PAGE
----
Accurate masses of ten different electrospray adducts (e.g. [M+H]+, [M+Na]+, [M+NH4]+, [M+Li]+, [M-H]−) were obtained for positive and negative electrospray conditions by summing up the accurate masses of the adduct ions, head groups and their alkyl and acyl side chains (sn1 and sn2). For lipid reference standards available to us, ion trap mass spectra were obtained at six different voltages (see below). For compound classes that yielded spectra that differed from published mass spectra, additional product ions were included such as specific losses for phosphatidylcholine [M-18]+, [M-59]+ and [M-183]+ in order to correctly reflect experimental ion trap spectra in the virtual MS/MS library. Fragmentation rules for all 26 lipid classes were obtained from at least two standard compounds with different degree of unsaturation, either by investigating in-house obtained data or fragmentation experiments from the literature.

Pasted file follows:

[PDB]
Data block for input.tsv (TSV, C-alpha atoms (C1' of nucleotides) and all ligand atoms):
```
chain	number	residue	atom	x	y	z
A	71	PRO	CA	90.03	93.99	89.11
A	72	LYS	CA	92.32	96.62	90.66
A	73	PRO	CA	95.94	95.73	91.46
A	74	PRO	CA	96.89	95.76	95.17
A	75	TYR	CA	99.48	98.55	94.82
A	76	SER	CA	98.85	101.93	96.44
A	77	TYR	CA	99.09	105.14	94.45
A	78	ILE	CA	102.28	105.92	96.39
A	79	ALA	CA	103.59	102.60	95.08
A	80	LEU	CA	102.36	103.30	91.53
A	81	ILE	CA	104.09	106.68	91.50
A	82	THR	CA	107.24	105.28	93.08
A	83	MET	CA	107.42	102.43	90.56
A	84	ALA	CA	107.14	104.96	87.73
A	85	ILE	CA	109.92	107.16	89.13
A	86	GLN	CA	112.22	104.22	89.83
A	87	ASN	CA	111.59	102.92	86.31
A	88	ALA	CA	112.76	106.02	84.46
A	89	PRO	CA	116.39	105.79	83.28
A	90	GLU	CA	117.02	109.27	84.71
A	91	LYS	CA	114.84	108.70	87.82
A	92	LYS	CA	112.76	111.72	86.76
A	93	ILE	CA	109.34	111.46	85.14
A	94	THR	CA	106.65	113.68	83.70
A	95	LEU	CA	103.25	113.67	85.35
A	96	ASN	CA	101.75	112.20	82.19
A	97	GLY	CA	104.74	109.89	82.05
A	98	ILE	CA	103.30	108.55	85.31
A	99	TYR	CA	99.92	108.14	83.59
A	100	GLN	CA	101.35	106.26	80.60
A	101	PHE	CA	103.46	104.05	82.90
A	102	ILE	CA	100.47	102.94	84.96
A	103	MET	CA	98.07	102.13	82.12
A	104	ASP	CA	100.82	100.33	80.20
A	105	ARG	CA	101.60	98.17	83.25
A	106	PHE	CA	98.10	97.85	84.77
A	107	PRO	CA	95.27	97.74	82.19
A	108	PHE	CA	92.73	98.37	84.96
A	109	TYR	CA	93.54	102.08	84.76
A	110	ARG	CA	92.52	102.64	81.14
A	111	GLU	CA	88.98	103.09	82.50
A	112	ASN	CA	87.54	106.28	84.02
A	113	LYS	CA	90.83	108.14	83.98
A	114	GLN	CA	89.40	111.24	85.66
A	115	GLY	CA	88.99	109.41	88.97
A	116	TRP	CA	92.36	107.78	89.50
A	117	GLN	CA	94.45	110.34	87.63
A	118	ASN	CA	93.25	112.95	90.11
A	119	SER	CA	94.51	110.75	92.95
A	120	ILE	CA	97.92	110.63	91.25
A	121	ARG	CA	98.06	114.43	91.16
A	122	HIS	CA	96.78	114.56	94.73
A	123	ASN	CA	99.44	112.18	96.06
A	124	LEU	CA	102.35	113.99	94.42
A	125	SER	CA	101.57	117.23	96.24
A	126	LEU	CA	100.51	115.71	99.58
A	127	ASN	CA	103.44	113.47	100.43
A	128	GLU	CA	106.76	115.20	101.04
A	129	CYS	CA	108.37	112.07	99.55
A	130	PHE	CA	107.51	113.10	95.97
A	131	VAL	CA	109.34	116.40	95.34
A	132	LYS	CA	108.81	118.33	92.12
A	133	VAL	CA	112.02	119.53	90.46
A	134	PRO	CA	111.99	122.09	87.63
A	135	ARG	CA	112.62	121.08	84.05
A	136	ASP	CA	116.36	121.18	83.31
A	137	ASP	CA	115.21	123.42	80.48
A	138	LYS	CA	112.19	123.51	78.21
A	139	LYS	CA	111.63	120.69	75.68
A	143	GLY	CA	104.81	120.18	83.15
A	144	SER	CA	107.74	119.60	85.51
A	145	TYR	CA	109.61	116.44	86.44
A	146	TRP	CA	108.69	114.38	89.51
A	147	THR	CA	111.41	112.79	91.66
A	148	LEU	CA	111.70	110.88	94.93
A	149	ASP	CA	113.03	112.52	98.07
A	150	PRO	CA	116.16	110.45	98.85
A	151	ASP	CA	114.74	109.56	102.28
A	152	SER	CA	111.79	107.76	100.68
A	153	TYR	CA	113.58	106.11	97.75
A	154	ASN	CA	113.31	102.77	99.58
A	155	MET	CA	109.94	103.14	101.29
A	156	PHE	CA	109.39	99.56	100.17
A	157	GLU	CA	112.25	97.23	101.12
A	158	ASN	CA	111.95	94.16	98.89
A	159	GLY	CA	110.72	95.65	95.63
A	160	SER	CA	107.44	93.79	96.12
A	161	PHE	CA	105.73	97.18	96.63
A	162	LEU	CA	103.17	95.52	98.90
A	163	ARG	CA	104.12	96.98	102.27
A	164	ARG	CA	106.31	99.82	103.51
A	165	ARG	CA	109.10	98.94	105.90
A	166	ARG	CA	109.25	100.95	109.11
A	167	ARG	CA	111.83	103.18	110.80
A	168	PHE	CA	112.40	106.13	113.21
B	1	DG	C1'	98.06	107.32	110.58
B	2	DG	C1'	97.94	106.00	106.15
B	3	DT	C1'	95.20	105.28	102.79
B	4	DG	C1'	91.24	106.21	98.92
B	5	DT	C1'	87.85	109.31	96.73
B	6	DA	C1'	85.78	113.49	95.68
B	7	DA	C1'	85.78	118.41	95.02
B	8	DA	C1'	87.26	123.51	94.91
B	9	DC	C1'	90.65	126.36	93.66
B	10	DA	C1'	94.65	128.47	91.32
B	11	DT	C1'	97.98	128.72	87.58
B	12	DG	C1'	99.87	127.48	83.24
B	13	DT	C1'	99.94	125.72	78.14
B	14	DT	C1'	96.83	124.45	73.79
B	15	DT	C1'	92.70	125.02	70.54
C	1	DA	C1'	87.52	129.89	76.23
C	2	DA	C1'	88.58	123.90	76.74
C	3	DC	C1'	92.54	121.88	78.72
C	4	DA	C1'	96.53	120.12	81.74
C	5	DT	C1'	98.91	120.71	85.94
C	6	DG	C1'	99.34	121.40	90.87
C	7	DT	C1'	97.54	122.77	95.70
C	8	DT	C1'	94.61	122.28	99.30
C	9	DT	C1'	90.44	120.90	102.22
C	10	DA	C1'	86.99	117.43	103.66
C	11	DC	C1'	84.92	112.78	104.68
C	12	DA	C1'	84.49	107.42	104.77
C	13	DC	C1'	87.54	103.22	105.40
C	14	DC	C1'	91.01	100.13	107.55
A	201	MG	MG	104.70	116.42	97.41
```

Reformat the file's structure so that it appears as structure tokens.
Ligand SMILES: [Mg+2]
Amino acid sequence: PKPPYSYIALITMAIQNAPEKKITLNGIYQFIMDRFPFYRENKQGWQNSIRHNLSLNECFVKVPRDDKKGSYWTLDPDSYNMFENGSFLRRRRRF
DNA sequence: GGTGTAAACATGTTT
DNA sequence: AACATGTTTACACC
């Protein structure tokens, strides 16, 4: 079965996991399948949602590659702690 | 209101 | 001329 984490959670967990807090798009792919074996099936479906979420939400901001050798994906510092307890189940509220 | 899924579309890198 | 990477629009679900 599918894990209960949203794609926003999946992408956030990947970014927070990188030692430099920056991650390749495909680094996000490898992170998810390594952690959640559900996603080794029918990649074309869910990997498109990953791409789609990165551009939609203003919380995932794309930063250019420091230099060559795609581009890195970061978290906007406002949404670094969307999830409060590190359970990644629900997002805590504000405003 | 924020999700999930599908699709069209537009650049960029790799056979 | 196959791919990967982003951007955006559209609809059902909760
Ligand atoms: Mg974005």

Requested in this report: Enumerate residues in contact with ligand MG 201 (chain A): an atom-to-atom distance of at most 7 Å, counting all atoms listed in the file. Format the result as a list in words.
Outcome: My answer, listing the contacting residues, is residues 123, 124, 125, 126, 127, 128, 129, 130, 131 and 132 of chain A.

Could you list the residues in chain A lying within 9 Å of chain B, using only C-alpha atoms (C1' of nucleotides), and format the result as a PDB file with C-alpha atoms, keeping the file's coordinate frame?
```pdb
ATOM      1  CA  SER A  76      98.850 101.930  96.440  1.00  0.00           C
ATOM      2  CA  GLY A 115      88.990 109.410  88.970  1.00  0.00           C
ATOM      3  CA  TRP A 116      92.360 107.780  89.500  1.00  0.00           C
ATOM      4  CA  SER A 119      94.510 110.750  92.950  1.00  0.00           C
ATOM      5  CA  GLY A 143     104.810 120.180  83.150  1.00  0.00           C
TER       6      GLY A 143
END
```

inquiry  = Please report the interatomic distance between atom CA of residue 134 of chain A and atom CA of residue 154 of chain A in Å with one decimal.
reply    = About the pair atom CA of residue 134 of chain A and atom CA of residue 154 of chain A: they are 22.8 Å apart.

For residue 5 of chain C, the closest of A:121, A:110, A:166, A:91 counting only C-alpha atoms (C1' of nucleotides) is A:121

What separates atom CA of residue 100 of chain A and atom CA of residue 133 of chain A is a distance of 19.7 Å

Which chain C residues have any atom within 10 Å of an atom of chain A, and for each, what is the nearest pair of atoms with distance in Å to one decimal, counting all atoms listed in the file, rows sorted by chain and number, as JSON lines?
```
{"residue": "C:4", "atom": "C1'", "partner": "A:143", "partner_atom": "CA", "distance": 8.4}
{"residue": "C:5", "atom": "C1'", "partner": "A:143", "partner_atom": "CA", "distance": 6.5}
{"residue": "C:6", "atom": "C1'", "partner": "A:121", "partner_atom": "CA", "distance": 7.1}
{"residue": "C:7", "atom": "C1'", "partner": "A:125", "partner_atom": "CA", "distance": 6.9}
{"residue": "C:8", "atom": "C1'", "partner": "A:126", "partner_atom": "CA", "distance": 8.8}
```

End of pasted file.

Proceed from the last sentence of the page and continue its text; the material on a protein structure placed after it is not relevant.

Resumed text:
Creating the virtual MS/MS LipidBlast library from the structures involved several steps. First, all lipid structure files were imported into Instant-JChem, and exact isotopic masses and molecular formulas were calculated within the database. Tandem mass spectra for each lipid class had to be modeled specifically. MS/MS fragments were investigated by associating the experimental MS/MS spectrum with the structure and performing a mass spectral fragmentation reaction for each class. Lipid classes were not only determined by the head groups but also by the chemistry of the side chains. For example, mass spectra of alkyl and alkenyl ethers are very distinct from MS/MS spectra of acyl ester species, and hence, such lipid classes had to be modeled separately and are counted as unique classes in Table 1. Product ion fragmentations and ion abundances were modeled in LipidBlast by a three step method: (i) obtaining specific fragments from commercially available standards; (ii) querying key structures in LIPID MAPS or using the LIPID MAPS MS tools; (iii) validating known fragmentations with literature data. Each MS/MS spectrum was modeled with major chemical adducts. For all interpretable and characteristic product ions we calculated molecular formulas, exact isotopic masses and added short textual descriptions of neutral losses and specific product ions. Such peak annotations were incorporated for each in-silico spectrum and can guide practitioners during manual inspection of MS/MS spectra. Unlike other approaches, the virtual MS/MS LipidBlast library not only contains fragment ions, but also includes heuristically modeled ion abundances. Overall, the accurate modeling of fragment ion abundances is an unresolved problem and clearly depends on the fragmentation parameters and instruments design. Recently machine learning algorithms were used to train and predict mass spectral peak intensities using peak intensities from experimentally measured spectra18. However currently no validated thermo-chemical or quantum-mechanical ab-initio model exists for the calculation of mass spectral peak abundances given a compound structure only1. We observed that low abundant fragment ions detected in one instrument (e.g., an ion trap MS/MS experiment) were usually also low abundant in a different mass spectrometer (e.g. a QTOF MS/MS experiment) because intensity of product ions depends on the internal energy and chemical structure of the precursor ions, and much less on the way the collision energy was technically applied. Hence, for similar collision energies, we found lipid mass spectra, including ion abundances, to be comparable across certain instrument types. Therefore we chose to heuristically model all MS/MS peak abundances to yield a lipid spectral library that can be used across platforms, for all other cases we decided to perform custom modeling of spectra. The modeling of ion abundances further helps in annotation of lipids by mathematical scoring. Product ion abundances were coded in a static manner based on our observation of experimental mass spectra under ion trap MS/MS conditions. For special cases (such as very high collision energies or TOF instrument settings) we customized the modeled abundances by including multiple tables with ion abundances for each product ion. Regiospecific analysis of the specific position of alky or acyl side chain on the glycerol backbone would require MS3 or adduct experiments and therefore could not be correctly modeled by our LipidBlast MS/MS library. All modeled mass spectra were compiled in a Microsoft Excel sheet and subsequently exported to MS formats such as MSP files containing accurate masses and fragment information. The Excel sheet contained a Visual Basic macro program of around 6,000 lines of code that automatically created all MS/MS libraries in mass spectral export format (NIST MSP ASCII). The creation of all 212,516 MS/MS spectra took around 90 seconds. MSP files are text based and can be imported into any vendor specific mass spectral library search application. MSP files can also be converted into other library formats with existing software tools when necessary. The MSP format contains the following information: name of the compound, accurate precursor mass, positive or negative mode, comment with short name, long name, lipid class name, formula, the number of peaks in the spectrum, m/z and intensity pairs, annotation and explanation of all m/z peaks. For fast pre-screening of accurate masses, a lookup table of all ions in LipidBlast is provided as a separate LipidBlast EXCEL macro-enabled worksheet (LipidBlast-mz-lookup). Such a lookup table can also be used for accurate mass instruments without MS/MS or MSE capability and can provide lipid-class, carbon and double bond numbers depending on mass accuracy settings in an automated way.